On Samish Island in Washington I received a drawing of a road through the mountains, given to me by a 7 year old young man, who seemed to know something. Two weeks later as I started east from the Oregon coast towards Boulder I saw this picture whenever I opened my laptop to write.
Of the many roads I drove in the following days, the ones that taught me the most were gravel and dirt logging roads in National Forests. You have to pay pretty close attention to what is right in front of you, as that is where the pothole that can catch your wheel wrong is going to appear. In the forests the trees cast their shadows most of the day, mixing their patterns with those of the surface. They obscure the ruts, the washboarding, and the all important potholes and dips. When you are looking up the road its easy to think it looks smooth and flat, until you get to it. The road insists on your being in the present moment adjusting to what you see right in front of you.
Going into Teton National Park from Idaho on a gravel road, I had been lead to believe that the middle section was the worst. It certainly got more challenging after the first third. Some sections were much better, and I would start to hope that the worst was behind me. Just about the time that I was going to speed up, there would be a lurking pothole, or a series of them. The road telling me to pay attention to the present, forget the road getting better further on, have patience and be with this section here. The most challenging piece, in fact, came right at the end.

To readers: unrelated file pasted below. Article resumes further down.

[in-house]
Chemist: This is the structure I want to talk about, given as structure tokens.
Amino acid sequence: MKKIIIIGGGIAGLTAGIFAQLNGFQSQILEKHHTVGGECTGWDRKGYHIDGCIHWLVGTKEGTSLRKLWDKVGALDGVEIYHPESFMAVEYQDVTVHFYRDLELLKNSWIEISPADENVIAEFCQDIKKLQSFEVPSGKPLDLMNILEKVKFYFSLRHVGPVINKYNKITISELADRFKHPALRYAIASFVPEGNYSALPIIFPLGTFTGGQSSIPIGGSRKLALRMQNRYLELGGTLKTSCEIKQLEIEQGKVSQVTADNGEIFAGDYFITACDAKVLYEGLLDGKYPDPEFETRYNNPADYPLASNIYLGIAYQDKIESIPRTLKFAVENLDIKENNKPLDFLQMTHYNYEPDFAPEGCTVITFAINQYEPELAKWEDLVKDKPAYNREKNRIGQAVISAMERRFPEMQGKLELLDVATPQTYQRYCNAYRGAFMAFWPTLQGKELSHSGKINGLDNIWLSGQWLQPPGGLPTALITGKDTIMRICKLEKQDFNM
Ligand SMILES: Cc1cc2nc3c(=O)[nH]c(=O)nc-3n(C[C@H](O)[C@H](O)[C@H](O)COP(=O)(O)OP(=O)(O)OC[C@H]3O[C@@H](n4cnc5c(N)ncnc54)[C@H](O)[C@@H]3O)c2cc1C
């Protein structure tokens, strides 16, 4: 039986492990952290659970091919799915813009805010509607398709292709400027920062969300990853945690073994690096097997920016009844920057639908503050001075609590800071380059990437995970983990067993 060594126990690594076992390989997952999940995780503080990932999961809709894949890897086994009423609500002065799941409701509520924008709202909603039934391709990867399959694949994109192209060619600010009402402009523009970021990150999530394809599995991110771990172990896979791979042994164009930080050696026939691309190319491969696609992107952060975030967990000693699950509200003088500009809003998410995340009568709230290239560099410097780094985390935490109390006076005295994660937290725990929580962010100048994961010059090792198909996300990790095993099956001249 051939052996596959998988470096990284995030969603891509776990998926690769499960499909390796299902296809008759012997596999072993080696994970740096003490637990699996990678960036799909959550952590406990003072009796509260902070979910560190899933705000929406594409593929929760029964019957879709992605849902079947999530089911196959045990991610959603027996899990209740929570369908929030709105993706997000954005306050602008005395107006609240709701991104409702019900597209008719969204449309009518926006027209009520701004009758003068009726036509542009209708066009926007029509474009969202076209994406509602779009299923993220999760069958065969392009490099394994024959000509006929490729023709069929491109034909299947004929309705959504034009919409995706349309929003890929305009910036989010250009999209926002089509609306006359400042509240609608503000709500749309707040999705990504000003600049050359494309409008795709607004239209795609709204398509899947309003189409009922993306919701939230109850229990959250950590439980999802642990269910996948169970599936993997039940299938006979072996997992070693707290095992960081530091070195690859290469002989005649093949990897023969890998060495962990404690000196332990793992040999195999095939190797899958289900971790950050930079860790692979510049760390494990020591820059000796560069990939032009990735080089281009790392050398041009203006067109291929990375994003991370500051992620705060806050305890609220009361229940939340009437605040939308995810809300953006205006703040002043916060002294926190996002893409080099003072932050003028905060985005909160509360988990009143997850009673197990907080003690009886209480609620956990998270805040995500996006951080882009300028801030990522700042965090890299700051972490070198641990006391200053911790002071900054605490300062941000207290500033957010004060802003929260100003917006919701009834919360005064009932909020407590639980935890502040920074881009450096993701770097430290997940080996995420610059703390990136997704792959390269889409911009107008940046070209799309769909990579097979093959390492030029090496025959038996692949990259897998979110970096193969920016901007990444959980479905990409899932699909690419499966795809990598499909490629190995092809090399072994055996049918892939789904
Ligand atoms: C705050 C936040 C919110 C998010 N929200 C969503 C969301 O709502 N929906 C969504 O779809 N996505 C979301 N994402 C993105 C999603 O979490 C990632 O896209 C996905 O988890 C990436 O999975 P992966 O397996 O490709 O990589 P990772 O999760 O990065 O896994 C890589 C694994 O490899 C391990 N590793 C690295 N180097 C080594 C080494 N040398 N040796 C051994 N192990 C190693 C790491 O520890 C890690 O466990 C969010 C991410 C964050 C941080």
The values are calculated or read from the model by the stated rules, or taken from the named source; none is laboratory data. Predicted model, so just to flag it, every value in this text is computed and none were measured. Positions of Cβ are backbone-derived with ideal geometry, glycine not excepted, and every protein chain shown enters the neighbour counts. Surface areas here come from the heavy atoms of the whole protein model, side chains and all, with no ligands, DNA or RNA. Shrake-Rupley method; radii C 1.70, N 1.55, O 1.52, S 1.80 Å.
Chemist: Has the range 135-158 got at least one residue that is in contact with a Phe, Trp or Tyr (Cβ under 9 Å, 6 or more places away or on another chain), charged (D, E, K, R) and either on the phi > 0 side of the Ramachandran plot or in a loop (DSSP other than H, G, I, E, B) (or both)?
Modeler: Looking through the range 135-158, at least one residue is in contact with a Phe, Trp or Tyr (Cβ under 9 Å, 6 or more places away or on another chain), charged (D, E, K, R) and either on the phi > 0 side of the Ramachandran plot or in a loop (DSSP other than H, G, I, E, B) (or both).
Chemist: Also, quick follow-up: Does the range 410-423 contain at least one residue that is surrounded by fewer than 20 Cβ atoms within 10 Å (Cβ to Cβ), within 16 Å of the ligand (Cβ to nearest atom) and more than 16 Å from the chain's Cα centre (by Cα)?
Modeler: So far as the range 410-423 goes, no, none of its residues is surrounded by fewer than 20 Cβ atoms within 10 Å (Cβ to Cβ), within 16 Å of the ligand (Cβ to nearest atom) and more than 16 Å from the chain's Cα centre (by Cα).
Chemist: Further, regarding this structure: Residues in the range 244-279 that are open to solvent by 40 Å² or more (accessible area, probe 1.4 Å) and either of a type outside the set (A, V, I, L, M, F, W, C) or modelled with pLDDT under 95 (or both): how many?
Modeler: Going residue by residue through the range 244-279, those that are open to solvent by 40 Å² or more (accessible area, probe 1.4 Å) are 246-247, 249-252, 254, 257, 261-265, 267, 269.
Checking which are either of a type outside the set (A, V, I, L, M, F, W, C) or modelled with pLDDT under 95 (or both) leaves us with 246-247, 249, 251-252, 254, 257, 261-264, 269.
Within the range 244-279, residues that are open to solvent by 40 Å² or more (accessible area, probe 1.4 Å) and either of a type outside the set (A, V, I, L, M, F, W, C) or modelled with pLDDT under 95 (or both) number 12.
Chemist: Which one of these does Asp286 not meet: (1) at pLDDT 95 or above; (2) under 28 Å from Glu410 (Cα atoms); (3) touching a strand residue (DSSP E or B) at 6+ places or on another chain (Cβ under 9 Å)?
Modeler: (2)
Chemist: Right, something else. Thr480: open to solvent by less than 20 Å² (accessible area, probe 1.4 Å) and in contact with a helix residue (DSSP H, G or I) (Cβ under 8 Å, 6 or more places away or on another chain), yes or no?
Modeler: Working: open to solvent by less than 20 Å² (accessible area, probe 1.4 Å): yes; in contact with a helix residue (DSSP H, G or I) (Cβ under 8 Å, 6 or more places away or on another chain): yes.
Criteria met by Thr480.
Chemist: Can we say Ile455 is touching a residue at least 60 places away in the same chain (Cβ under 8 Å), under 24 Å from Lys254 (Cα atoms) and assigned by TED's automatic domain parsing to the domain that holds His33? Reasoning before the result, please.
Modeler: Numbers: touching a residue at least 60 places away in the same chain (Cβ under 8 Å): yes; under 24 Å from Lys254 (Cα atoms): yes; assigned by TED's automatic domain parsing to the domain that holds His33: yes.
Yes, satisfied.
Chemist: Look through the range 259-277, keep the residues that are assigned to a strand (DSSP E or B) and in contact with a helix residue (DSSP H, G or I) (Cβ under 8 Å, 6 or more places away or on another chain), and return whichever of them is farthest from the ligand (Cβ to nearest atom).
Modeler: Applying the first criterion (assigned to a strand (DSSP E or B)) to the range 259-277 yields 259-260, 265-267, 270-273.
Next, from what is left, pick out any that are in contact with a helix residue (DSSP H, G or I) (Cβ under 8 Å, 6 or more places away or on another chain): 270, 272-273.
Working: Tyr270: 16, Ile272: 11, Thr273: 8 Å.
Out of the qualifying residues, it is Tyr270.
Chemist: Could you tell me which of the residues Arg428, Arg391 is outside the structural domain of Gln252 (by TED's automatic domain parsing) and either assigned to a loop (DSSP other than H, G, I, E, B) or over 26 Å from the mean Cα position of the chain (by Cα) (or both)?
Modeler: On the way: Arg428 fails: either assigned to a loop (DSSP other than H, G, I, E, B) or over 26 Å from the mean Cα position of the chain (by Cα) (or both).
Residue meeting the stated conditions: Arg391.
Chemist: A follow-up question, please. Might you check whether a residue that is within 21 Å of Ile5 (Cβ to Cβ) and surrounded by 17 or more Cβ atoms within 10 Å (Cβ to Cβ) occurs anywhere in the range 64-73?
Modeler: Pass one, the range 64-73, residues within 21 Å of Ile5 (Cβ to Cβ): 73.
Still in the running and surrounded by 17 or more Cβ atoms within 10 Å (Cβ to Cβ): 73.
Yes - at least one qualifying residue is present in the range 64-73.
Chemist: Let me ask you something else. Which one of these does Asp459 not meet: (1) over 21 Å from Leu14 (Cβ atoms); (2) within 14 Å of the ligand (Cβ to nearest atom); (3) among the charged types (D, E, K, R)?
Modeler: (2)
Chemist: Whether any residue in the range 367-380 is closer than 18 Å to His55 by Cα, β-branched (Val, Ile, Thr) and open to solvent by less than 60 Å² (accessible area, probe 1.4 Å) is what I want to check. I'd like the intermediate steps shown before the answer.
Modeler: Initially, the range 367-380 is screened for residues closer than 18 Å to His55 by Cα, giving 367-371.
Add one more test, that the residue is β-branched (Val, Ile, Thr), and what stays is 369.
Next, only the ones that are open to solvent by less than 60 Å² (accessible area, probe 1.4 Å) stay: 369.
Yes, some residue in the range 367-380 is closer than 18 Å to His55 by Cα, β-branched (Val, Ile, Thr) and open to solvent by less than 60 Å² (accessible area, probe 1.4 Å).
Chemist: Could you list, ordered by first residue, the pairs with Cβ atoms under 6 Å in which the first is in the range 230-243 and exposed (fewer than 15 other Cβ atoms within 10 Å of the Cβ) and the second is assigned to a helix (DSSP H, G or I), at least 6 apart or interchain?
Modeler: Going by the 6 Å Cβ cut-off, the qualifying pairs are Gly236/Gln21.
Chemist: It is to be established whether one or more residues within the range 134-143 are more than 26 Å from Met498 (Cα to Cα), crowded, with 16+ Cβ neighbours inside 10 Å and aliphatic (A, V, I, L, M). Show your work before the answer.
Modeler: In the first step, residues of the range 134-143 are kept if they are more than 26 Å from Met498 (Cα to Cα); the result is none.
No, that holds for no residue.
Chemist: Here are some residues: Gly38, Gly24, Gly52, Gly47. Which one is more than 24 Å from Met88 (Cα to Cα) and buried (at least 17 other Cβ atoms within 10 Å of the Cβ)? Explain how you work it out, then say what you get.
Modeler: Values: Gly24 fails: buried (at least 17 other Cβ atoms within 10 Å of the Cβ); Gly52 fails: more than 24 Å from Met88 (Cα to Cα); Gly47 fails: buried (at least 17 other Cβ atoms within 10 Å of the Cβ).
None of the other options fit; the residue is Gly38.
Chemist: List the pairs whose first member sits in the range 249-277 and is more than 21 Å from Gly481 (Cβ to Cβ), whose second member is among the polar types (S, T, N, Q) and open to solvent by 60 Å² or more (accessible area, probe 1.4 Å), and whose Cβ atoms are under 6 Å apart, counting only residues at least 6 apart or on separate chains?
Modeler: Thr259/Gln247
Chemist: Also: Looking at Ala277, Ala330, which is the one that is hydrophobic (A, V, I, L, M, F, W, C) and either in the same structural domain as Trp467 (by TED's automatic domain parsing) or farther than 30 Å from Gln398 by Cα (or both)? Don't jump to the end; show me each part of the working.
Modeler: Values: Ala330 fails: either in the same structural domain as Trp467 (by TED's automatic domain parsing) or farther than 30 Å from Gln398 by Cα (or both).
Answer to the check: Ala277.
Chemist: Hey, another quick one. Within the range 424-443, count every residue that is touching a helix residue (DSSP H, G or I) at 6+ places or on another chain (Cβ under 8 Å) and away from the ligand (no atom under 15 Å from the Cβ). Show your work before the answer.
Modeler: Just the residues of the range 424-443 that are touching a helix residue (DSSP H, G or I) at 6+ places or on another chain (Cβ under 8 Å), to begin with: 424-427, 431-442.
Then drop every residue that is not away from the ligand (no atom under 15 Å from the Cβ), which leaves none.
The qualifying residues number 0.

Like the picture I was given, that road got me where I wanted to go, and it was beautiful. I got to explore huge lily filled mountains lakes, little streams to sit along and have lunch by, and all in cooler, clearer air on a hot summer day, when the valleys were full of haze and smoke. It was only my expectations and anticipation that really messed with the magic. When we pause, however bumpy the road, there is beauty around us to be experienced. As for the bumpy parts, as my therapist used to say, they are over when they are over, trust the process.
Later that day, driving south and east through Wyoming, I am wanting the road to lead me to a cool mountain campsite with running water and trees. My mind has given up, as all I can see is rainbow rock, dirt and sage brush. I follow my heart and on a new map, found by chance, I notice a BLM campground in small mountains in the middle of the desert. Right where it was time to stop I find everything I wanted, even deer wandering down to the stream to drink. Magic indeed.
Swimming laps today for the first time in a month it was clear that even at home I must trust my road. Whatever I get done, I get done, how ever far I’ve gone by evening that will be a good place to be for the night. So enjoy the moment, being in the pool, shopping for food, or writing a letter. Focus on the present bit of road. Appreciate the scenery. Listen for the voice that says stop here a little while; go left; move on; feeling it with your heart, and lessons can be learned, magic can happen.